Doing Commercial Loans
|Posted by: lotusraee Jul 28 2004, 02:27 AM
|I own a net branch of a Mortgage Lender in the state of CA. We are licensed in approx. 48 states. After 9 years of being on the residential side I also wanted to check into the Commercial lending side. I have a connection that can get 10-15 commercial loans a month. I have several questions on how to begin and hope someone can help.
1. Do I have to obtain separete licensing for commercial loans or can I work off the one I have?
2. Is it true that some states don’t require any license at all to do commercial loans?
3. What would be some negatives about the commercial business?
Is there a helpful website that can give me information on doing commercial loans?
Any information is greatly appreciated.
|Posted by: loanuniverse Jul 28 2004, 07:59 AM
I can’t really speak to licensing issues, maybe one of the non-bank lenders here can give you some feedback on those points. However, if I had to pick something to say about commercial lending to someone coming from a residential lending background, I would say the following:
– Commercial loans are usually custom products. There is no 15-year and 30-year standard.
– When you start talking about bigger deals, credit score is not enough. You will need to get people with the skills and experience to underwrite the loans or quality might suffer.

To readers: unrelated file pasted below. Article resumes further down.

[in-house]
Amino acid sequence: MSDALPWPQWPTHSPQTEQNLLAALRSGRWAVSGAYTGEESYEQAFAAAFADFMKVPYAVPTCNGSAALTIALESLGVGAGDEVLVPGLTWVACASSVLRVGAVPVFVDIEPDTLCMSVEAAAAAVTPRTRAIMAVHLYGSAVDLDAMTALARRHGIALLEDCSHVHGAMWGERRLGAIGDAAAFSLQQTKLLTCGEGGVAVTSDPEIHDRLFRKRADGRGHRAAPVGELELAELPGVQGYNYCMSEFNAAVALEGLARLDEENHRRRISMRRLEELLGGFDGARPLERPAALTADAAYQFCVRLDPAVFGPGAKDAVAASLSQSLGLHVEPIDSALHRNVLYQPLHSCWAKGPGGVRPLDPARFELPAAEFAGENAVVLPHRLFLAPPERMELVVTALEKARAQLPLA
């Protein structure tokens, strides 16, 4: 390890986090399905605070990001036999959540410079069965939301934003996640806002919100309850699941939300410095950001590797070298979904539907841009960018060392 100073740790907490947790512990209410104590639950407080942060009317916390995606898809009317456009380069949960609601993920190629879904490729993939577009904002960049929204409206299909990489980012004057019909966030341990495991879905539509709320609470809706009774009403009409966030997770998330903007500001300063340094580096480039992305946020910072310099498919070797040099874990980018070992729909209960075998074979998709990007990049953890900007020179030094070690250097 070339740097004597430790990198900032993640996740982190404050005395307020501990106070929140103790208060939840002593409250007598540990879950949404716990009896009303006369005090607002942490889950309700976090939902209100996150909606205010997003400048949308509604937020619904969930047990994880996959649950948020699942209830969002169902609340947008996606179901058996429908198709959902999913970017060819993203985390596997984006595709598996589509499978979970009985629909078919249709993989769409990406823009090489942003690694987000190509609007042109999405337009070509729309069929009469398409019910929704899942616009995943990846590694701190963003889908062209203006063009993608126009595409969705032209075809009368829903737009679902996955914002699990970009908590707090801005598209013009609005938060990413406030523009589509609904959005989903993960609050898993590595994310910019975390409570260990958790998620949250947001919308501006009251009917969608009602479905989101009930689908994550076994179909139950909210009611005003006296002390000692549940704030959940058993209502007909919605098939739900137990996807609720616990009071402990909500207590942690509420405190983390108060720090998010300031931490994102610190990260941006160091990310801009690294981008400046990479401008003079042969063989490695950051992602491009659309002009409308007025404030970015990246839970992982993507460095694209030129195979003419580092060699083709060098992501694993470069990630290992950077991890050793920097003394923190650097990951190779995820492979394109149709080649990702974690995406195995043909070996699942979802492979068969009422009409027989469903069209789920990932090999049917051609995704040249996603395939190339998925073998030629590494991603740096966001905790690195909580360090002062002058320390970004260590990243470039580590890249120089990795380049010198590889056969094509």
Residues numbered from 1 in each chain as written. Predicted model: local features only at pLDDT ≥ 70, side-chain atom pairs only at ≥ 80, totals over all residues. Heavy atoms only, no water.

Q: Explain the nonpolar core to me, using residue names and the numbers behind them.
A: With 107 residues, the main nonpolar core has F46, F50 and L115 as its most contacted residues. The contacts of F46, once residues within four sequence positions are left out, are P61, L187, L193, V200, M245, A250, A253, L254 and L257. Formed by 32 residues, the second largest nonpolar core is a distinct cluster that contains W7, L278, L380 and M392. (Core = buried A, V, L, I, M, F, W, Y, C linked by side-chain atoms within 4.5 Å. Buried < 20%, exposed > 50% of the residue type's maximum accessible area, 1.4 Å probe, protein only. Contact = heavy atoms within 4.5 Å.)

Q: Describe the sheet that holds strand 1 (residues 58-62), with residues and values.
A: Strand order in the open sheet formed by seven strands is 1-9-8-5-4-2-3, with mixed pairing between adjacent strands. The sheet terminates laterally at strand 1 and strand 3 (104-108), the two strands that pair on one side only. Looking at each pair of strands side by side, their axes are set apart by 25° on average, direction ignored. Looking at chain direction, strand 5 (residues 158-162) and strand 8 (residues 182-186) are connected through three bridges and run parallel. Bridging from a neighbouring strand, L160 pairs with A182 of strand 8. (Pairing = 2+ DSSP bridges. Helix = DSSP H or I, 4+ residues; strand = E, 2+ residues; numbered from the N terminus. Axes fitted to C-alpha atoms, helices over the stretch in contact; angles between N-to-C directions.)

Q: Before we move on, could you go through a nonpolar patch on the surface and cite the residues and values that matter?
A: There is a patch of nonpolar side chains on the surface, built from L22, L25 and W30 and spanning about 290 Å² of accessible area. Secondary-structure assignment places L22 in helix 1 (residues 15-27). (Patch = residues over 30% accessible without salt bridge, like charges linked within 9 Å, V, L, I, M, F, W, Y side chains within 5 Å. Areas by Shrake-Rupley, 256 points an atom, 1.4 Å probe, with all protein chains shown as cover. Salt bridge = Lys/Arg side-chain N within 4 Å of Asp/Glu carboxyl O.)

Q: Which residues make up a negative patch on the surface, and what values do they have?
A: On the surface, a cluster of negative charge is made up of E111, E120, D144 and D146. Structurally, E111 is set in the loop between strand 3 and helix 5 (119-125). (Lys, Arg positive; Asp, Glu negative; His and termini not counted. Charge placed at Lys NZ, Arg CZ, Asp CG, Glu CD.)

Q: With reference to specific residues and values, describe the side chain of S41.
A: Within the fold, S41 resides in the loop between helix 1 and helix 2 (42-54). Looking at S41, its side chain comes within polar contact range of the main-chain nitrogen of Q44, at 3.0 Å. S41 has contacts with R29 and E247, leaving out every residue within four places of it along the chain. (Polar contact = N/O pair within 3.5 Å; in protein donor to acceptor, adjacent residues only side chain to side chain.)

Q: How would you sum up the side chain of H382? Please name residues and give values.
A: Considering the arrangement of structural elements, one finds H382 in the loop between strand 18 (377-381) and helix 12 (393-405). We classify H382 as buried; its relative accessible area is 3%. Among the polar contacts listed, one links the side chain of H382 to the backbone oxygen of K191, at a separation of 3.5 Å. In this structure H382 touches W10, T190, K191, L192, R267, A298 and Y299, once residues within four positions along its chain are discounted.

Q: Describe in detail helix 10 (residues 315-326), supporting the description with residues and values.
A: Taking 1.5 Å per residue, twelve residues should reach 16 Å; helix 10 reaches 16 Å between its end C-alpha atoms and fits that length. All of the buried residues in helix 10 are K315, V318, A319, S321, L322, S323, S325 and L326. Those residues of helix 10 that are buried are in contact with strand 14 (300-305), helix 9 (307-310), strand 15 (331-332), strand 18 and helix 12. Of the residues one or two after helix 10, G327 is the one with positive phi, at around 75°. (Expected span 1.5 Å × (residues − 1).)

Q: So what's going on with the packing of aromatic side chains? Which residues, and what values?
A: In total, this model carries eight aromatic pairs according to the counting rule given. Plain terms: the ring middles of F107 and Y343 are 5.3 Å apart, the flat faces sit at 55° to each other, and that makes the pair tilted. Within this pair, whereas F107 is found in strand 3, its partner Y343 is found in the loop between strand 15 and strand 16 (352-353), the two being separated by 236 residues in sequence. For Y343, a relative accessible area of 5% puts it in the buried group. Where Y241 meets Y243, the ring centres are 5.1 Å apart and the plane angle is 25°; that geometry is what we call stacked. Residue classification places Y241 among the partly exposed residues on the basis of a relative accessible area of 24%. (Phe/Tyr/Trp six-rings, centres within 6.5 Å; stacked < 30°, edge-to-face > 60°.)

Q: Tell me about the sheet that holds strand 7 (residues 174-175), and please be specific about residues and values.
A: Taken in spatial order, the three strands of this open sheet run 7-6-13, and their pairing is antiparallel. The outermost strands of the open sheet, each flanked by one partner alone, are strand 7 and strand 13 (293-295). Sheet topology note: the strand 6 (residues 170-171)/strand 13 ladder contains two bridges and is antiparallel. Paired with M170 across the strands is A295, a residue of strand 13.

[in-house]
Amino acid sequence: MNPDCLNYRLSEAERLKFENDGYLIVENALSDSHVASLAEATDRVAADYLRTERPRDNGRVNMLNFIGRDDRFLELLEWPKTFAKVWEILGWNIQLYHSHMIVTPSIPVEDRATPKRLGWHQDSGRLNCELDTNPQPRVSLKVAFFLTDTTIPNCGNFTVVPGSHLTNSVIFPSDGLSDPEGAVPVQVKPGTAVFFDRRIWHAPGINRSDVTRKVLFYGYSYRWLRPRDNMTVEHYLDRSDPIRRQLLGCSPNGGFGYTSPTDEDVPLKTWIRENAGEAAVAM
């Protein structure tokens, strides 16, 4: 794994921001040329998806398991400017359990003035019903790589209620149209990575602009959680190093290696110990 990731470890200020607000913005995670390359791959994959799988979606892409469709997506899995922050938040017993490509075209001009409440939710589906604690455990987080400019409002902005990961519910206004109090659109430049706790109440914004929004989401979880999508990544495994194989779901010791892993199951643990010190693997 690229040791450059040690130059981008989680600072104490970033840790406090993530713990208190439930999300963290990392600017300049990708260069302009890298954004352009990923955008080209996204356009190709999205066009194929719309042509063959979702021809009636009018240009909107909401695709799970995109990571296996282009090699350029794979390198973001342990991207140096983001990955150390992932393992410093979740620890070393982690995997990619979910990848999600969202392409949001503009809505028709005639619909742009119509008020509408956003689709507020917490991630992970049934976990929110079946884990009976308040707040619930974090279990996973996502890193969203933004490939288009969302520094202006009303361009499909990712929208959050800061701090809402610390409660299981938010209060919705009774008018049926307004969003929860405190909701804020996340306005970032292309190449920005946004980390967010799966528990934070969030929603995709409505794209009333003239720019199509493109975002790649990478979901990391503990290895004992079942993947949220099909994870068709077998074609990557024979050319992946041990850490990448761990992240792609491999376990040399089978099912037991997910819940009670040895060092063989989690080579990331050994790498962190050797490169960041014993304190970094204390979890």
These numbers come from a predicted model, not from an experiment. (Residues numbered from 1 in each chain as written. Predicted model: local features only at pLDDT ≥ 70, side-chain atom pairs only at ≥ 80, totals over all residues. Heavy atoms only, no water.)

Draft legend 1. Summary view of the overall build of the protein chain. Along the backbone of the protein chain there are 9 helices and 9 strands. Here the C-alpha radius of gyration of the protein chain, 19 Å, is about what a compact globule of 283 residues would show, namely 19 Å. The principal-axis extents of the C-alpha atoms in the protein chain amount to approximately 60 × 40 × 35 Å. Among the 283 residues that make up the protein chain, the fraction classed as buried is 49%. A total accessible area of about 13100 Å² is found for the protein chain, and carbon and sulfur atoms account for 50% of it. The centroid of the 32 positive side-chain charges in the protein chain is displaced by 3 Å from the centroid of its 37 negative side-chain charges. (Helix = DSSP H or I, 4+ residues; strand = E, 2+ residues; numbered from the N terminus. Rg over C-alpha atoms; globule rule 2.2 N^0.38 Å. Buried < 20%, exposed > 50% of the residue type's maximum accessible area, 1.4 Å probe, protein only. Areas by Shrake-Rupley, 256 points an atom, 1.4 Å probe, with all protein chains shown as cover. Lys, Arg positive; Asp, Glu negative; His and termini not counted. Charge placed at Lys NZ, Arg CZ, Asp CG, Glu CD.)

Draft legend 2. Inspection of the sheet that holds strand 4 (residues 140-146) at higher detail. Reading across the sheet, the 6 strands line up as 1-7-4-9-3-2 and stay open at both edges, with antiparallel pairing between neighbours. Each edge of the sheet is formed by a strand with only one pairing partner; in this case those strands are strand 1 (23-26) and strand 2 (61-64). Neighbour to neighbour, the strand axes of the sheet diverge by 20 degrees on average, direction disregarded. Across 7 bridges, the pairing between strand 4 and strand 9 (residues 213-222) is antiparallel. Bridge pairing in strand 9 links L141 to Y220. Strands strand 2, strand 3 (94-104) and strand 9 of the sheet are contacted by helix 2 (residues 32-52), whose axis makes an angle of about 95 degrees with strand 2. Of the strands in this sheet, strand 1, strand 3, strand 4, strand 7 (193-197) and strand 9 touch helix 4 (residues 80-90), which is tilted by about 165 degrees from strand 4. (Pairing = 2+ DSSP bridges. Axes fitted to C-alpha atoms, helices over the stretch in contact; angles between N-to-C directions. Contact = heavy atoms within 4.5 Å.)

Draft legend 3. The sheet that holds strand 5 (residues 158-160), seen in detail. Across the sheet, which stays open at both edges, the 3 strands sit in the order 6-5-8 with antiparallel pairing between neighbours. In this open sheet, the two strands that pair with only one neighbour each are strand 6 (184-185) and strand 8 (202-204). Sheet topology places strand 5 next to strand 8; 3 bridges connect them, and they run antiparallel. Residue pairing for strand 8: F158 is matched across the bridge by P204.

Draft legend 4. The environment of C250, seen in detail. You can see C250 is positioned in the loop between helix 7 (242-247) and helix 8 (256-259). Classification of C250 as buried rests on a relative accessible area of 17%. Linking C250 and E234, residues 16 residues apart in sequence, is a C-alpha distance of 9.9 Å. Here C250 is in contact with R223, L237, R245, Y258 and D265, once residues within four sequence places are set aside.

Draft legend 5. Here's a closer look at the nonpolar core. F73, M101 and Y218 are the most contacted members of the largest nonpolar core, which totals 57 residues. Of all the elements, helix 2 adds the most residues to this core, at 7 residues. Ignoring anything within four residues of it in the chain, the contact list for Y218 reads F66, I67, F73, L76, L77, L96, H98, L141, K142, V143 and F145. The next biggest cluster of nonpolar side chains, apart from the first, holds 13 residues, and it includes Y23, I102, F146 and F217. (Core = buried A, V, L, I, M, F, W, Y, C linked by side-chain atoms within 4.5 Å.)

– I assume that the plan is to expand into commercial real estate lending and stay away from business financing? If you do decide to offer a full spectrum of commercial loans that would need even more expertise.
– Even if you decide to keep your entry to commercial lending limited to commercial real estate, sometimes you will need to analyze the company/tenant. Specially if you have an owner occupied property.
– I think it would be fair to say that the secondary market for commercial loans is less liquid than that for residential loans. This brings the question of “can you fund those loans yourself?”.
– You can certainly improve your yield with commercial loans, but remember that the risk/reward relationship holds true.
The following are a couple of sites that have information about the tools used. Moody’s financial analyst is pretty much the standard for spreading financial information, and Omega has a great series of training books that are usually given to people at the start of their commercial lending careers. They are both on the pricey side so you might just want to wait and see if you want to get into the business first.